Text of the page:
Assistive Technology for TBI: Understanding Traumatic Brain Injury

Effective Tools, Tech & Strategies For People Living With TBI

What Is Traumatic Brain Injury (TBI)?

Traumatic brain injury (TBI) is an injury caused by an external force that disrupts the normal function of the brain. It can be caused by a forceful blow or jolt to the head, or by an object piercing the skull. Common causes include falls, vehicle-related collisions, and sports injuries. Activities involving loud noises can also lead to TBI. Injuries sustained during violent events can also be causes of TBI. TBI can happen to anyone, at any age, but falls are a leading cause of TBI in older adults, while motor vehicle crashes are a leading cause of TBI in young adults, and concussion may be more common in children. These incidents can cause a wide range of cognitive, physical, and emotional effects.


Cognitive effects of TBI often involve difficulties with thinking, memory and concentration. For instance, individuals may struggle to recall recent events or maintain focus on tasks, or they may have trouble remembering new information. Physically, TBI can result in problems with mobility, coordination, balance, and chronic headaches. Someone with TBI may use a wheelchair or other mobility device, or they may have difficulty with tasks such as walking or dressing. Emotional effects of TBI can include depression, anxiety, and difficulty controlling emotions. For instance, someone with TBI may experience sudden mood swings or outbursts of anger. Such changes can strain personal relationships as well as affecting overall mental health. It is important to note that TBI can also increase the risk of developing post-traumatic stress disorder (PTSD). This condition that can manifest as flashbacks, severe anxiety, and uncontrollable thoughts about the traumatic event.

Regaining Independence After Brain Injury

Rehabilitation therapies can help people with traumatic brain injury recover lost functions, relearn skills, and adapt to their new situation. This rehabilitation can take many forms, including physical, occupational, speech, and cognitive therapies, delivered in hospitals, clinics, or even homes. The ultimate goal is to help individuals with TBI regain independence and reintegrate into their communities. However, the road to recovery can be long. Assistive technology can provide crucial support, especially for those who have less hands-on help available.

Assistive Technology for TBI

different assistive technologies devices for tbi

How Assistive Technology Aids Recovery

Assistive technology for TBI can significantly improve the lives of individuals dealing with its effects by addressing cognitive, physical, and emotional challenges. Cognitive aids, such as software applications designed for memory and organization, help manage memory loss and concentration issues. Physical aids like mobility devices support individuals with coordination problems, enabling them to move around more easily. Emotional support tools, such as mental health apps, can assist in managing anxiety and mood swings.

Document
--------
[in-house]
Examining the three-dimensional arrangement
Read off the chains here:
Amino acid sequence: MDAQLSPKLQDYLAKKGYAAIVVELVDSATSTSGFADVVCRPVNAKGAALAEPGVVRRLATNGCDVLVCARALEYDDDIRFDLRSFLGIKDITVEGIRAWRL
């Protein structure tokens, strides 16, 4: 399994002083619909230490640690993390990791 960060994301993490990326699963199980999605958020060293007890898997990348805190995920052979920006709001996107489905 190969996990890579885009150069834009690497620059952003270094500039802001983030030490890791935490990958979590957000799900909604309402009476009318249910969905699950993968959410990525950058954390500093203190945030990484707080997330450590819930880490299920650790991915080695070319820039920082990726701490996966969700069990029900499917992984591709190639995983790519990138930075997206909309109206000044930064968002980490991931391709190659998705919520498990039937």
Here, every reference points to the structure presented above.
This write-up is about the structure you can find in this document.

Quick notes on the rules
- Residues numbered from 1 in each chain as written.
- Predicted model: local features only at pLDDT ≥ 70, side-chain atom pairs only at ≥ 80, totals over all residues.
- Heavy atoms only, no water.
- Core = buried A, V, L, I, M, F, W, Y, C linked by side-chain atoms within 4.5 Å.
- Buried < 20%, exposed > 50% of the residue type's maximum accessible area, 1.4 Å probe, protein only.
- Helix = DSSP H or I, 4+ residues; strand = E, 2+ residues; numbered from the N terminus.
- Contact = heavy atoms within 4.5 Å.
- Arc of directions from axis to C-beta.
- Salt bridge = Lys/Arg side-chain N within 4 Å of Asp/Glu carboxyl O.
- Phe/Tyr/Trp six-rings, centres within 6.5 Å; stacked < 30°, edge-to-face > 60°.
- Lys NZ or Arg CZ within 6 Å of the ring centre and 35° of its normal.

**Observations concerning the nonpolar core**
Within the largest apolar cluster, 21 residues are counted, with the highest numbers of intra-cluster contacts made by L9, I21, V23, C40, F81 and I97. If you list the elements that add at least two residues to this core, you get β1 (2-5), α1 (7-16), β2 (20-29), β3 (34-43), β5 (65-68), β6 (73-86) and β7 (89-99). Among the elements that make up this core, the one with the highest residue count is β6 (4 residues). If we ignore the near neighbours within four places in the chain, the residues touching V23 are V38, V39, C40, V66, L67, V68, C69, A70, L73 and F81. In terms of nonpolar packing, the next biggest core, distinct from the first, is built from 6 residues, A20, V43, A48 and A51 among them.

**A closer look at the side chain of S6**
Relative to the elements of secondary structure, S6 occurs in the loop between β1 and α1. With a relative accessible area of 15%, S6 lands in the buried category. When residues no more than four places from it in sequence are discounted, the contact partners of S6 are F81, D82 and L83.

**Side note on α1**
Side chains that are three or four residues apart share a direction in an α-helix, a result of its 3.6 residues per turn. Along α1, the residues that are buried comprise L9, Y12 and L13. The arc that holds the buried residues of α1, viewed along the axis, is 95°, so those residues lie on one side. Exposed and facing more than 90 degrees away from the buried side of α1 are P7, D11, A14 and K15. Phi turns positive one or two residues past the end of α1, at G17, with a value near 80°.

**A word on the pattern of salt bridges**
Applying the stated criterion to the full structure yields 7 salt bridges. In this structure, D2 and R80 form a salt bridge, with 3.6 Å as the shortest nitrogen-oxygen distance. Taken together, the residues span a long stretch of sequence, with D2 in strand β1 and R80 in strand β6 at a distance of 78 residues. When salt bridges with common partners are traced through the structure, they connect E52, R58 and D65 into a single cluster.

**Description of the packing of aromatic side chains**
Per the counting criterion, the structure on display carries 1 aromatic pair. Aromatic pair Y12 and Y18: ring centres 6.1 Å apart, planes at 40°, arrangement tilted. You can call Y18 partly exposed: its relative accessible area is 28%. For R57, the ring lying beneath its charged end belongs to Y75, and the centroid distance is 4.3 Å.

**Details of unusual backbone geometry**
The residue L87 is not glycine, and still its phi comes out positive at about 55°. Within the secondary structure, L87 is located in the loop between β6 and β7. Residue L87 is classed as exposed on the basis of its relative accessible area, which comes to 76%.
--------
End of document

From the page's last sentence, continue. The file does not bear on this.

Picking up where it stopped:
TBI Assistive Technology By Category

There are several categories of AT that can be helpful for people with TBI. Here are some of the most common:

Cognitive Aids
These tools can help with memory, organization, and problem-solving skills. Examples include software applications that provide reminders, scheduling features, and visual organizational tools. Electronic organizers and specialized cognitive rehabilitation software can also be helpful. Specifically, in memory and organization software, applications like Evernote and OneNote help users keep track of important information and organize their daily tasks. These tools can assist in managing memory challenges and maintaining focus. For reminder systems, while there are many options available, apps like Google Keep and electronic organizers can send alerts and reminders to help individuals remember appointments and tasks. Specialized software like BrainHQ is designed for cognitive rehabilitation, improving problem-solving skills and memory retention.

Mobility Aids
These devices can assist individuals with physical limitations caused by TBI. Common mobility aids include wheelchairs, walkers, canes, and braces. For balance issues that often occur with TBI, walkers can offer stability and support. Vehicle modifications such as hand controls and swivel seats can also improve driving independence.

Communication Tools
For people with speech or language impairments due to TBI, AT communication aids can be life-changing. Augmentative and Alternative Communication (AAC) devices, such as speech-generating devices and picture boards, can facilitate effective communication. Augmentative and Alternative Communication (AAC) devices, such as Dynavox or Proloquo2Go, facilitate effective communication for those with speech or language impairments. These devices use symbols, text, and speech output to help users express themselves.

Physical Therapy & Exercise Technology
Virtual reality (VR) systems and adaptive gaming technologies can provide engaging and interactive ways to support physical therapy and exercise routines, motivating individuals with TBI to continue their rehabilitation efforts. VR systems like Oculus Rift are used in physical therapy to create engaging and interactive exercise routines that aid in rehabilitation. Devices like the Xbox Adaptive Controller enable individuals with mobility impairments to participate in gaming, which can be beneficial for both physical exercise and cognitive engagement.

Environmental Controls
Smart home technology allows individuals with TBI to control their environment using voice commands or mobile apps. This can include lights, thermostats, and home security systems. Systems like Amazon Alexa and Google Home provide voice-controlled operation of lights, thermostats, and home security systems. Additionally, lower-tech adaptive switches and interfaces can customize household controls for easier accessibility. These switches can be used to operate various devices and appliances, making daily tasks more manageable.

Assistive technology for traumatic brain injury covers a wide range of tools and devices, all designed to support individuals in their recovery and daily life activities. By leveraging these technologies, people with TBI can experience improved independence and quality of life. A healthcare professional can assess an individual's specific needs and recommend their most appropriate assistive technologies.

Implementing Assistive Technology For TBI

When implementing assistive technology (AT) for people with TBI, it's important to consider several key factors to maximize its effectiveness. Here are some first steps and best practices:

  1. Assess Individual Needs
    A qualified healthcare professional should assess the specific needs and challenges of each person with TBI. This will help determine the most appropriate AT devices and software.